The re-emergence of the highly infectious disease is a clear sign that the public health system in Syria has collapsed. "Because of the war, many children did not receive routine vaccinations. This allowed the virus to spread," says Dr Oliver Hoffmann, Public Health Adviser at Johanniter International Assistance. A dreaded disease up until the 1950s, poliomyelitis – also known as infantile paralysis or polio – was considered eradicated in most countries due to systematic immunisation. "There is no cure and multiple doses of the vaccine are the only way to protect people from the disease", says Hoffmann.
However, immunising children multiple times in a war zone is a major challenge for aid organisations. Due to continuous fighting, vaccination campaign hade to be interrupted several times.
The campaign focused on the area surrounding Dara'a, close to the Jordanian border, and was carried out in collaboration with the World Health Organization and UNICEF. Dara’a has seen some of the heaviest fighting in Syria and the healthcare system has almost completely collapsed. The vaccination campaign aimed to stop the outbreak of polio as quickly as possible and thus prevented the disease from spreading further.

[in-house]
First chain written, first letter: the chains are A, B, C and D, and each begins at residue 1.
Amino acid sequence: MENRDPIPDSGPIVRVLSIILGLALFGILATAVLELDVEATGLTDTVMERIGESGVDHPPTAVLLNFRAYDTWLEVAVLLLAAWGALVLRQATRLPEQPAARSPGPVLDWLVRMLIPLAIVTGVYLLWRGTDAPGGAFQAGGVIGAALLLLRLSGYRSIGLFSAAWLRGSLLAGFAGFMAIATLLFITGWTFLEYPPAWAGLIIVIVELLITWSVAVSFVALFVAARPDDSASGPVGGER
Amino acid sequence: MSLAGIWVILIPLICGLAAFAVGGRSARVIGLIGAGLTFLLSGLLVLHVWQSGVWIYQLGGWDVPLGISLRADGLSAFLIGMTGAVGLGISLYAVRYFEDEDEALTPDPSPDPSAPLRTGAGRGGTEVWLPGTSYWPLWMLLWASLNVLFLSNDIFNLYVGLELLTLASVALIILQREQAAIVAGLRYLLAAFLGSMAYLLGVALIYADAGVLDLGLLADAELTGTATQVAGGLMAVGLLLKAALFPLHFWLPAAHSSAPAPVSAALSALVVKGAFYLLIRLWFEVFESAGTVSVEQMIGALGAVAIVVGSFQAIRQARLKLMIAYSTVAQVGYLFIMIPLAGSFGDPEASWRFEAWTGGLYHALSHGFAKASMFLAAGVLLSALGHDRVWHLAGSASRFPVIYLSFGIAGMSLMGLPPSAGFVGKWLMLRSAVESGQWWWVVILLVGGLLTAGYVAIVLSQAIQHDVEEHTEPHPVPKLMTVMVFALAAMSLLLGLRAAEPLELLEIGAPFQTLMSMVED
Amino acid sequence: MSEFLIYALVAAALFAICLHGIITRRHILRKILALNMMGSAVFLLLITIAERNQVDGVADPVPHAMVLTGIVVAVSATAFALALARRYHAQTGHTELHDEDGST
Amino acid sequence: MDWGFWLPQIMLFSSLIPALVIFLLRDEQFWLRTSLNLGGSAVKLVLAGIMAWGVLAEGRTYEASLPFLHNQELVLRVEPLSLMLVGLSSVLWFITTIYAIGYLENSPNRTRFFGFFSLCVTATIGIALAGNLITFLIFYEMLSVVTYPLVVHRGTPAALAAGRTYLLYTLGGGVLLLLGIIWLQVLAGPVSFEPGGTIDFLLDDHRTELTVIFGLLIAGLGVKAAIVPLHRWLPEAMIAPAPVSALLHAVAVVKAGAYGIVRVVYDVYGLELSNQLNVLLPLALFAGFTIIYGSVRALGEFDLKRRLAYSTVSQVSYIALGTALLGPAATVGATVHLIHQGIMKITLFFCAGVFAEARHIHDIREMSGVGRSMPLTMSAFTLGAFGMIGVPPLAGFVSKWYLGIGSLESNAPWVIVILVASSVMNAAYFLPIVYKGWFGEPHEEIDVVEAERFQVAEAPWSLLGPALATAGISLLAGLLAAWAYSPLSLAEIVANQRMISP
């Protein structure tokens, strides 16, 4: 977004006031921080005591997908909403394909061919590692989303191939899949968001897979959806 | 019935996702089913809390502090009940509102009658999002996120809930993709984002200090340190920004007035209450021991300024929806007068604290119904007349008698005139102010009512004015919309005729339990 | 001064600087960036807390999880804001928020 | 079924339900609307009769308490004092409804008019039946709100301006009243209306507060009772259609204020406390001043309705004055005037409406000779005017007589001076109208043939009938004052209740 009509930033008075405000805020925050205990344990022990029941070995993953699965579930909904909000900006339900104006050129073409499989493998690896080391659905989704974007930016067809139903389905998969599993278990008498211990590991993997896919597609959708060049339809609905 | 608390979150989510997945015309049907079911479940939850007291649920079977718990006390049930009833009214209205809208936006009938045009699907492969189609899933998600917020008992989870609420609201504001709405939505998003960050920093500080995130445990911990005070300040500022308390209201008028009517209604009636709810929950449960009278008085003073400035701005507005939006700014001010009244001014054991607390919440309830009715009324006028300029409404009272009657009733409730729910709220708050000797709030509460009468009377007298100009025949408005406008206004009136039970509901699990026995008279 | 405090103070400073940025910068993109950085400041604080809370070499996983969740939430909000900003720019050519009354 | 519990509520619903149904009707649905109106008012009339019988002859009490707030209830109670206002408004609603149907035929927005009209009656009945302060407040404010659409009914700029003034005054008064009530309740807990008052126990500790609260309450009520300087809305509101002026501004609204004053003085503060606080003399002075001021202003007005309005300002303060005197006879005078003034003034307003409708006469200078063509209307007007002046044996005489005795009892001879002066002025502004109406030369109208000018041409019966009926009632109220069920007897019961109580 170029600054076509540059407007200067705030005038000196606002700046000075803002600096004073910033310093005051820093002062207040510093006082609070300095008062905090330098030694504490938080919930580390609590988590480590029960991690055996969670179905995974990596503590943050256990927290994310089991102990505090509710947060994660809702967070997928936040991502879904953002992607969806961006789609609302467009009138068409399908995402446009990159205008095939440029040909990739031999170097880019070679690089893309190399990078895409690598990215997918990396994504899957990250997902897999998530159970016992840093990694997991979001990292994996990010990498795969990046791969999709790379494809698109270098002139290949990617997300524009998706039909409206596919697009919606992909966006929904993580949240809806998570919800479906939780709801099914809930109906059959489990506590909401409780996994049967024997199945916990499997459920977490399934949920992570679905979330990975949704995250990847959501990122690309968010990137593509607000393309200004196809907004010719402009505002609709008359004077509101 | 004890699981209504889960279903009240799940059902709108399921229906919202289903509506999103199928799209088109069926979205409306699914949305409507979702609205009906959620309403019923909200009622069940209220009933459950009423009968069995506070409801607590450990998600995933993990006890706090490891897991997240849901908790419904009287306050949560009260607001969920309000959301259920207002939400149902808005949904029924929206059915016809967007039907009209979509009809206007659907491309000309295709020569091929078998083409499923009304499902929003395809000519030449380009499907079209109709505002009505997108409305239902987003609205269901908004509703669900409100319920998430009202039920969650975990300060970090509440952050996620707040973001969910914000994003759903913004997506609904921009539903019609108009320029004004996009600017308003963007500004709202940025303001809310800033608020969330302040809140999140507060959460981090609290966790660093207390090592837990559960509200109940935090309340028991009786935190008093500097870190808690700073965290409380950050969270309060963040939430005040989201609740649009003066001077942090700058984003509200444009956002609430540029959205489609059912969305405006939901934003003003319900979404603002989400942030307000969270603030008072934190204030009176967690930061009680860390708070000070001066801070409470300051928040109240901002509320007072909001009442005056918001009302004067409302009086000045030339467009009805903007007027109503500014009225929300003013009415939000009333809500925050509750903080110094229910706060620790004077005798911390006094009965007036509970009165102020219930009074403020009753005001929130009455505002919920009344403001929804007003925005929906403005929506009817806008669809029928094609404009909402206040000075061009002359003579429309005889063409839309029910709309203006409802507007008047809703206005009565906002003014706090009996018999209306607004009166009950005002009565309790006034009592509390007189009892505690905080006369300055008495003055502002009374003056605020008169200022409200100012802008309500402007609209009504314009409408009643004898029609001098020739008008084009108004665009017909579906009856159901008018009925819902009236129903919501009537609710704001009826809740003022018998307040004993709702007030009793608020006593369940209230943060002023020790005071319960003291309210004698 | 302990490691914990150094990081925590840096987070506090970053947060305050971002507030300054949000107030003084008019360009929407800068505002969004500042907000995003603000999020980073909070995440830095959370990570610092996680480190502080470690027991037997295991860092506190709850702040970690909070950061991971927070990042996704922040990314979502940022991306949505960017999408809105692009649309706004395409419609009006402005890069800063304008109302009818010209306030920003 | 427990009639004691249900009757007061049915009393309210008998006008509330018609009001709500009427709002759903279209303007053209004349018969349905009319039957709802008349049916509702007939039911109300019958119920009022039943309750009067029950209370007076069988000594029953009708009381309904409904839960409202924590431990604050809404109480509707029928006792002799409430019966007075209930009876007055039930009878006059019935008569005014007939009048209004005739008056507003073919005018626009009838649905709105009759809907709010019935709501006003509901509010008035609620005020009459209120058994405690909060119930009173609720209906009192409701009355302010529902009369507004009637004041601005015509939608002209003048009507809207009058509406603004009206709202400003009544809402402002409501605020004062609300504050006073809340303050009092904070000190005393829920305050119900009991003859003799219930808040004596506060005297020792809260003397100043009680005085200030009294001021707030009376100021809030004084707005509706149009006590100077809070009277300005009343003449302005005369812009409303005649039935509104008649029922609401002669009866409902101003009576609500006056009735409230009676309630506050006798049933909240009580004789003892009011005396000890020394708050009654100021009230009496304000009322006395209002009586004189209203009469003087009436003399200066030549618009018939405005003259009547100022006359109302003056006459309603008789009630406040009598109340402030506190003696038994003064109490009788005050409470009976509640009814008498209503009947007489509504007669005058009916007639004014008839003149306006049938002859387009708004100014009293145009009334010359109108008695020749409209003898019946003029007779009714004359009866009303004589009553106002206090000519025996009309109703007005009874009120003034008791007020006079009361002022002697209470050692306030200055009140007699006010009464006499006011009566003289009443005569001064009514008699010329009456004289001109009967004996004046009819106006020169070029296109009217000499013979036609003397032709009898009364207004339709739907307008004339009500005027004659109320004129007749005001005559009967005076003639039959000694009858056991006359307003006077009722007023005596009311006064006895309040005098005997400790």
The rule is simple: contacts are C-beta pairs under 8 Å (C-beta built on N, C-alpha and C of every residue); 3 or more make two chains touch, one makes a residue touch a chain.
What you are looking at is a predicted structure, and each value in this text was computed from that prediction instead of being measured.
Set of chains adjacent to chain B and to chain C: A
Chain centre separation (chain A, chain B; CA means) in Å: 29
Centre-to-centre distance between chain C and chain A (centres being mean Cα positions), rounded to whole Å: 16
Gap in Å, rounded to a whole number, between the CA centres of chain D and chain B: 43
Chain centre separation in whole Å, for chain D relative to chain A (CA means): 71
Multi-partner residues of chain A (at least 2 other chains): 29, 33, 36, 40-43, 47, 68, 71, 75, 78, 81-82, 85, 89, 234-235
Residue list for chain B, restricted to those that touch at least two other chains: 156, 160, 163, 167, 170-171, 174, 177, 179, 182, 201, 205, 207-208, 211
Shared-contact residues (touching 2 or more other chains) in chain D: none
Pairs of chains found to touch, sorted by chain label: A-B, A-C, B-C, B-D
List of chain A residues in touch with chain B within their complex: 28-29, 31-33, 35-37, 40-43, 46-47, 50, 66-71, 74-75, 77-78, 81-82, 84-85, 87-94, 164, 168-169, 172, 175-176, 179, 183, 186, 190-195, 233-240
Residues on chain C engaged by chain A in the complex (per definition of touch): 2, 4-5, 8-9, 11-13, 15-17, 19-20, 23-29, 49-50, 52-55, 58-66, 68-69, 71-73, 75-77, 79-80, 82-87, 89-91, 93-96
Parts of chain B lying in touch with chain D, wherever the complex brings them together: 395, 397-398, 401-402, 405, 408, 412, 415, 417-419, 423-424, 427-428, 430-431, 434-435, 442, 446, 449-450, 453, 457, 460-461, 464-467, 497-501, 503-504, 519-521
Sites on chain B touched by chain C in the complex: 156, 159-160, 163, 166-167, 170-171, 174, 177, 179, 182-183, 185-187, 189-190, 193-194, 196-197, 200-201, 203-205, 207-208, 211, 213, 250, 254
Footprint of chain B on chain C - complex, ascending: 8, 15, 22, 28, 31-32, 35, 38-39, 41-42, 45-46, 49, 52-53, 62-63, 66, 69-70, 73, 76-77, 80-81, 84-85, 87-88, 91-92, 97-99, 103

Another difficulty the project faced was that the population of Dara'a was forced to flee repeatedly to seek protection from the ongoing fighting. "We were only able to reach the people thanks to local staff who knew the area well", says Walter Berier, Johanniter Country Director in Jordan. "In this way, we were able to reach our goal and immunise more than 90 percent of all children under five with the full required doses of the vaccine, which requires multiple follow ups." The staff of our partner organisation also informed more than 120.000 people about the disease and how to protect themselves from an infection.
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